The Holsteins in the heifer barn across the street from Beaver Stadium are tolerant of new people. They are happy to have their big heads scratched, and will look at you soulfully with their large, dark eyes.
Richard Novak seldom gets a chance to bond with livestock. The 17-year-old Keystone Oaks student is from the Pittsburgh area. Cattle are not commonplace there.
But that is part of what drew him to spend a summer in Centre County. He chose to apply to the Governor’s School for Agricultural Sciences.
“I thought that would be a good way to widen my exposure,” said Novak, who plans to return to Penn State in his quest to become a wildlife or fisheries biologist.
Penn State is hosting 44 students for this, the second year of the Governor’s School, which invites Pennsylvania students to explore the science behind farming and related fields.
Earlier this week, Secretary of Education Pedro Rivera’s “Schools That Teach” tour visited the dairy barns where the Governor’s School high school students were getting up close and personal with the cows.
“Agriculture is our state’s leading industry with one in seven jobs in Pennsylvania related to the agricultural industry,” Rivera said in a statement. “This is why it is so important that we ensure our students are exposed to natural and animal sciences early in our public schools and opportunities for advanced scholarship, such as the Governor’s School are available to our high school students.”
The five-week Governor’s School program provides “a summer enrichment program for talented high school students interested in pursuing a career in an agriculture-related field.”
“Ensuring that students graduate from high school with college- and career-ready skills is paramount to Gov. Tom Wolf’s vision for education and his $1 billion proposed investment in Pennsylvania’s education system would allow for greater opportunities to expose students to the high-demand jobs in the agricultural industry,” Rivera said.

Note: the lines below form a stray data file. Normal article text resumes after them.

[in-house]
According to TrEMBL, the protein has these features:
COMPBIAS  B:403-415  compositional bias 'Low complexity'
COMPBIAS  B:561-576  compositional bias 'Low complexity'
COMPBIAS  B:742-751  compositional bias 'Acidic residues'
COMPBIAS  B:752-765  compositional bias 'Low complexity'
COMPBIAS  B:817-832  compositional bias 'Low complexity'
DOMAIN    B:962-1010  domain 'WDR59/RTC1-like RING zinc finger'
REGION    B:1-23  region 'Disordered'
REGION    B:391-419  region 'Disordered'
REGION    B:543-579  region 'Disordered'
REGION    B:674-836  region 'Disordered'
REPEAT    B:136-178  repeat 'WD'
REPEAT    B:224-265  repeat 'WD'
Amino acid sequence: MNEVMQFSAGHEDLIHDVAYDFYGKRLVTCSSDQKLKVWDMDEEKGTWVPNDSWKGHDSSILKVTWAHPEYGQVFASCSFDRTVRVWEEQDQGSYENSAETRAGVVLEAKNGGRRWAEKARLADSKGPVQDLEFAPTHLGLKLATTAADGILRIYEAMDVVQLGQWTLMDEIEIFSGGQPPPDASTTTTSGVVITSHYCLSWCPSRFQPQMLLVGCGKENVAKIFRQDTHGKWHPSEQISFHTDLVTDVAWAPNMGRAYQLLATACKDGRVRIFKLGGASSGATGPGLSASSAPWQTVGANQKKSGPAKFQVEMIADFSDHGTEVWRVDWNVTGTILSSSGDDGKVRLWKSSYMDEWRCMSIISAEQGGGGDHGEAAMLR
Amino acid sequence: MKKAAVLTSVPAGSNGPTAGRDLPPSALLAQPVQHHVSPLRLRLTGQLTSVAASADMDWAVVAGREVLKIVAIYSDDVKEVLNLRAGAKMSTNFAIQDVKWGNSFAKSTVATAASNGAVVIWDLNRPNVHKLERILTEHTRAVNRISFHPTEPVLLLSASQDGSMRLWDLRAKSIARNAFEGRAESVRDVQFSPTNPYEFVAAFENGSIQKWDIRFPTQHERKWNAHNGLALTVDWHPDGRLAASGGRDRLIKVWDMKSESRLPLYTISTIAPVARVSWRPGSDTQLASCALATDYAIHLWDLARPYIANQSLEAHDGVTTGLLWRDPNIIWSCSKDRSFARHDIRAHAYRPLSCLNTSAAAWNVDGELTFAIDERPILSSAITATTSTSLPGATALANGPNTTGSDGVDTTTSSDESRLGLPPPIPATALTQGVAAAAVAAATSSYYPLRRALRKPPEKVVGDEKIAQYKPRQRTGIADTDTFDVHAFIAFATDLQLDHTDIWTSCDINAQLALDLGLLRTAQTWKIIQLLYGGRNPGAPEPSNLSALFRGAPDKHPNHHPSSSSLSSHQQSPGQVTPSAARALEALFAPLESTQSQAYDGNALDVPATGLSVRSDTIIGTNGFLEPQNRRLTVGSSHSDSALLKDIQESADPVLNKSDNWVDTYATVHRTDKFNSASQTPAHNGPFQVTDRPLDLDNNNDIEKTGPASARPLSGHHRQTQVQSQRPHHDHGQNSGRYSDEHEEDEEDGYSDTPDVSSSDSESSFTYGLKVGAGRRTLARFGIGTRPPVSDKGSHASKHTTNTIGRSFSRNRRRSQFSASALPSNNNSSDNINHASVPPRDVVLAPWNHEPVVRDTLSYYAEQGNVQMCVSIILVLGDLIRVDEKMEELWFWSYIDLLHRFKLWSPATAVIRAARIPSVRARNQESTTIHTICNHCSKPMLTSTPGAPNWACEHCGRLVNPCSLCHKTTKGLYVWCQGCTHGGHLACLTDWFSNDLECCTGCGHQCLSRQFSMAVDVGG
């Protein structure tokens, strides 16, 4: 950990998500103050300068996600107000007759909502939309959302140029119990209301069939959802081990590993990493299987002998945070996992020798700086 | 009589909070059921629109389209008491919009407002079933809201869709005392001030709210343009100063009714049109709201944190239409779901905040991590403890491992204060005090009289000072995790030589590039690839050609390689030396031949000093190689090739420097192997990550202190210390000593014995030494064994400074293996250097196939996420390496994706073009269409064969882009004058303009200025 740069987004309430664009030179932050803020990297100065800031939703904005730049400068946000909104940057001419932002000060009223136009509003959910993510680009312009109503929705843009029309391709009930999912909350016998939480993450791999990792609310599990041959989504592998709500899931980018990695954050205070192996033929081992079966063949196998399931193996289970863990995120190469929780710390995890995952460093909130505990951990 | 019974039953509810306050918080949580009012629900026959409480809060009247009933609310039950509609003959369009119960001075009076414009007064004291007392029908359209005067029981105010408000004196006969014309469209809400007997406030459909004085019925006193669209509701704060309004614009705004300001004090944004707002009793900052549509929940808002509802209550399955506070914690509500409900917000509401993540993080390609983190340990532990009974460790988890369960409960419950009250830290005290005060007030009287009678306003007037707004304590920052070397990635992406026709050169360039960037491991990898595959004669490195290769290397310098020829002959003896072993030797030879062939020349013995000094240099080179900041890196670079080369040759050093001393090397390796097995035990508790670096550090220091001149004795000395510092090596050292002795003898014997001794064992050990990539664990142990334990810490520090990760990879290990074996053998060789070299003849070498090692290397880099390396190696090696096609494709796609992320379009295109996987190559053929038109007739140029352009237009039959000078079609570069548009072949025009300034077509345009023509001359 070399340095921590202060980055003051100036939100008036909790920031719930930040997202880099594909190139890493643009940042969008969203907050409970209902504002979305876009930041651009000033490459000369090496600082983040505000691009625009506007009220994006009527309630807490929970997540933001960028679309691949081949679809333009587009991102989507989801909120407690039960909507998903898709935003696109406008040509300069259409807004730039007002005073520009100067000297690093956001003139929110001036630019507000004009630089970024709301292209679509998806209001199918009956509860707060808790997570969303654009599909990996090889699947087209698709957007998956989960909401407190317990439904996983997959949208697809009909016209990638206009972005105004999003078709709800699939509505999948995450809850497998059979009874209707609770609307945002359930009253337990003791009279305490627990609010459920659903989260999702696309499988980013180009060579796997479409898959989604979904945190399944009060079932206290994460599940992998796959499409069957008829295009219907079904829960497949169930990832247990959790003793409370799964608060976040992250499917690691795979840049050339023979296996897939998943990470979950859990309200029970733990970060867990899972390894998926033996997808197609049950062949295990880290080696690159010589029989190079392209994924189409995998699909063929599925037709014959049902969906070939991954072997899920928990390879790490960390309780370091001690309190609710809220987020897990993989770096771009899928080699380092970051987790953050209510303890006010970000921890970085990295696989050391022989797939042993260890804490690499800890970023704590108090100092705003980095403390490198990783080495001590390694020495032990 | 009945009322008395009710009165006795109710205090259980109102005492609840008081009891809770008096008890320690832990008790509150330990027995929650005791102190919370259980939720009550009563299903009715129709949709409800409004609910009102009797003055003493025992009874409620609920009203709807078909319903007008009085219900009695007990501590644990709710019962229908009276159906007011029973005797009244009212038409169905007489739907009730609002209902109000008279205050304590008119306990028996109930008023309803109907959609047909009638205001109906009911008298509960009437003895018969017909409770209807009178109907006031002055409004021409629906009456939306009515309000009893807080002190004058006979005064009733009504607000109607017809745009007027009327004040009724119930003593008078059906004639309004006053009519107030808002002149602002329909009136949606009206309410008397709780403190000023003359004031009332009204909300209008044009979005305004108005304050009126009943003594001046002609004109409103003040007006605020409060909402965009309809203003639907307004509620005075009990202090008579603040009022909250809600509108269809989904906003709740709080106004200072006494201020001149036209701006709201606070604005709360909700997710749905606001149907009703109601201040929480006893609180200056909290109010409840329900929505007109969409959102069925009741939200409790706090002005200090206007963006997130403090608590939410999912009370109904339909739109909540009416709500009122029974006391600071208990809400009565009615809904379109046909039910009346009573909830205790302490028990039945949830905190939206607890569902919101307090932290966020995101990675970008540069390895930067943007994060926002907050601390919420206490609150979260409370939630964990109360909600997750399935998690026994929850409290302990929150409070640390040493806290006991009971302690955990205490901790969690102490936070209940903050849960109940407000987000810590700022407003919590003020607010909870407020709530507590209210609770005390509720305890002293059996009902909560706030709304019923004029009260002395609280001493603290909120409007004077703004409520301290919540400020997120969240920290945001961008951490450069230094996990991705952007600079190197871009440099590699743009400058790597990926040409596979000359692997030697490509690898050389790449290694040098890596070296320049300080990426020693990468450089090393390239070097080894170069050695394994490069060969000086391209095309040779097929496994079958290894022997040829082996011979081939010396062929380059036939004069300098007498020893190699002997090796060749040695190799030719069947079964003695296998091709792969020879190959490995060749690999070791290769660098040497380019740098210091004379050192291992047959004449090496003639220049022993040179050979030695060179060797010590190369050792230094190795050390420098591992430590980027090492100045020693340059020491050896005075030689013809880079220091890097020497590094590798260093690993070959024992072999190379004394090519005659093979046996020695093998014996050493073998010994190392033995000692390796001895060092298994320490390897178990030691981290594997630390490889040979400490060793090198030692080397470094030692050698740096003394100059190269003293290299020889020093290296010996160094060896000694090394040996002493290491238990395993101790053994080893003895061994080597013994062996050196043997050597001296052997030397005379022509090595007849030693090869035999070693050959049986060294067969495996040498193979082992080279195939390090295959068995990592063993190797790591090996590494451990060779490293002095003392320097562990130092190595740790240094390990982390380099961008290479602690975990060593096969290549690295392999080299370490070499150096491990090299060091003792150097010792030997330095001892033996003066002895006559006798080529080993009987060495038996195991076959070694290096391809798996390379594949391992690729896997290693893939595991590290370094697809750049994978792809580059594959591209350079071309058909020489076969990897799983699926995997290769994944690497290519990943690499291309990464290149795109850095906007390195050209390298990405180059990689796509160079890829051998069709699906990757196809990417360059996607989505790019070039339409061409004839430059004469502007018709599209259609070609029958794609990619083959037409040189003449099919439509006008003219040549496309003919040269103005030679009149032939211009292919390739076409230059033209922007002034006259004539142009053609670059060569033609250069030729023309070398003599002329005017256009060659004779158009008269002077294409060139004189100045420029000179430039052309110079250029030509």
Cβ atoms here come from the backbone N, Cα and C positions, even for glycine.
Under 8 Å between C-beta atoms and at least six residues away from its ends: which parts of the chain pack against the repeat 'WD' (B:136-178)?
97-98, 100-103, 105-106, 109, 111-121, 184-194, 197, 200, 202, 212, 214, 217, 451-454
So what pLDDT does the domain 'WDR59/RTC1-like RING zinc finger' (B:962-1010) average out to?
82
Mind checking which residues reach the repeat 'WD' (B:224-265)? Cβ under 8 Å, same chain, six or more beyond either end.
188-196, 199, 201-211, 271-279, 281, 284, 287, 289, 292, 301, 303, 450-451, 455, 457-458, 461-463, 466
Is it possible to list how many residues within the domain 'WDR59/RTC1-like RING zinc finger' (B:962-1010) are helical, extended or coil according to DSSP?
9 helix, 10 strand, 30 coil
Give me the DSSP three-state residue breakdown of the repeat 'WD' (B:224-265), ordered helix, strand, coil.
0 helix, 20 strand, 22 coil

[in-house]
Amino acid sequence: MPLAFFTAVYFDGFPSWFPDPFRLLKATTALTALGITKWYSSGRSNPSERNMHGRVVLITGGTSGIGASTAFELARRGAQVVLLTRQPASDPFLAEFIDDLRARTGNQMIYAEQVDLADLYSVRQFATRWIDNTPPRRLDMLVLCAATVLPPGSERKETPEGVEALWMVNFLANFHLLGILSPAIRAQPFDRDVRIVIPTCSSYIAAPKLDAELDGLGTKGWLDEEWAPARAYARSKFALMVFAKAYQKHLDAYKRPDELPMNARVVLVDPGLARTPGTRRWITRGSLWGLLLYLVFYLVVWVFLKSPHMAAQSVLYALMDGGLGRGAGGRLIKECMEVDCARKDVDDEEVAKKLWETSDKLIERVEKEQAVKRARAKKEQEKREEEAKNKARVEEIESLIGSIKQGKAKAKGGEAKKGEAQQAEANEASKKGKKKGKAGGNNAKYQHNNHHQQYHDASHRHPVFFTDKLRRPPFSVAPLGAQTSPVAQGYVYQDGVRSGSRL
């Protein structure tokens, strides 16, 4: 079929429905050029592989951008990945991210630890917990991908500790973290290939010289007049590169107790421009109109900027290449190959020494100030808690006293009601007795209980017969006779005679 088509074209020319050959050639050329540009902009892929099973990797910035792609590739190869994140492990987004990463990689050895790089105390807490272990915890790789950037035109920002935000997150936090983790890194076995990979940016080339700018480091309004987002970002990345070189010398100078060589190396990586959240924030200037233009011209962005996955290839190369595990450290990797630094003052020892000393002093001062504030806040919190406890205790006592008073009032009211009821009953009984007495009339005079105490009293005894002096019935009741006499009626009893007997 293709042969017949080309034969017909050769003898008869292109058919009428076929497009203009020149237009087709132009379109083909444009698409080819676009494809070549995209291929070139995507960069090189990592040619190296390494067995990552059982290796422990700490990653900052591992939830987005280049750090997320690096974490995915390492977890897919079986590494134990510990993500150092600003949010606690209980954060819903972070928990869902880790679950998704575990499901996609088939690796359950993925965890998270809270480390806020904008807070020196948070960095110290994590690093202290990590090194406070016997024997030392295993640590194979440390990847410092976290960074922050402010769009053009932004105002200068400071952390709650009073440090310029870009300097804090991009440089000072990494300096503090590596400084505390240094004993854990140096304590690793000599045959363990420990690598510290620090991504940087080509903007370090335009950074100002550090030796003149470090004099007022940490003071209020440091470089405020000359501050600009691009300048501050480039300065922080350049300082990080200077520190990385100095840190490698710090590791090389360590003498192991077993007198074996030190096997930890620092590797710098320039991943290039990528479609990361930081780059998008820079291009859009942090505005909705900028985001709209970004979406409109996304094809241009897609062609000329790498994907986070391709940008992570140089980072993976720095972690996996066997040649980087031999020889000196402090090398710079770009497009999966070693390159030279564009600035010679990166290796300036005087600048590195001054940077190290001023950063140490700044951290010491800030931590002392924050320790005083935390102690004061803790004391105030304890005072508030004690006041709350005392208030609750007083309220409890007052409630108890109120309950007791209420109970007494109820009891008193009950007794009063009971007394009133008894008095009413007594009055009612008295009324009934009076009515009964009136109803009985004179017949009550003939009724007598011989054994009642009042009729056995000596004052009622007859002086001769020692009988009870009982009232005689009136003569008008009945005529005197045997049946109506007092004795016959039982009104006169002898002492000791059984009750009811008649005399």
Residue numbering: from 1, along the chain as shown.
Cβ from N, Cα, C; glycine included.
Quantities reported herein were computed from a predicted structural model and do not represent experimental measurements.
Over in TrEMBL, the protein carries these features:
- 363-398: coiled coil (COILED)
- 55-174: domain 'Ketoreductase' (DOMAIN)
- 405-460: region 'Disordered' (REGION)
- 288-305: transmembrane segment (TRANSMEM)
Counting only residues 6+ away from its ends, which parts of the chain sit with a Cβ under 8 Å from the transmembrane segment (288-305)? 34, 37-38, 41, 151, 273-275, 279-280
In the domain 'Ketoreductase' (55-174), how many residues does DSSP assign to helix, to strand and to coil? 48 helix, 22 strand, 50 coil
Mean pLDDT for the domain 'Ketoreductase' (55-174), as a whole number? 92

Katelyn Brouse, 17, of Mifflinburg, is getting an overview of the many different career options as the program looks at things such as animal science, global agriculture, ecology and more, but the breadth of the program points toward what she wants to do with her life. She plans to come back to Penn State and become an agriculture educator, a role she already is performing in her school.
“I want to take my new knowledge back to my school,” she said. She will share it with others through her 4-H program.
The Governor’s School took a five-year break under Govs. Ed Rendell and Tom Corbett, before being reinstituted in 2014. It is a partnership between the governor’s office, the state Department of Education, the university’s College of Agricultural Sciences and the state’s intermediate units.
“The Pennsylvania Governor’s School for the Ag Sciences appreciates the continued support from the Pennsylvania Department of Education to provide this important educational opportunity in agricultural and environmental science to gifted and talented rising high school seniors,” said Governor’s School Director Jenneth Layaou.
Two other Governor’s School programs have been resurrected. Carnegie Mellon University hosts the Governor’s School for Sciences, while the Governor’s School for Engineering and Technology is held at Lehigh University.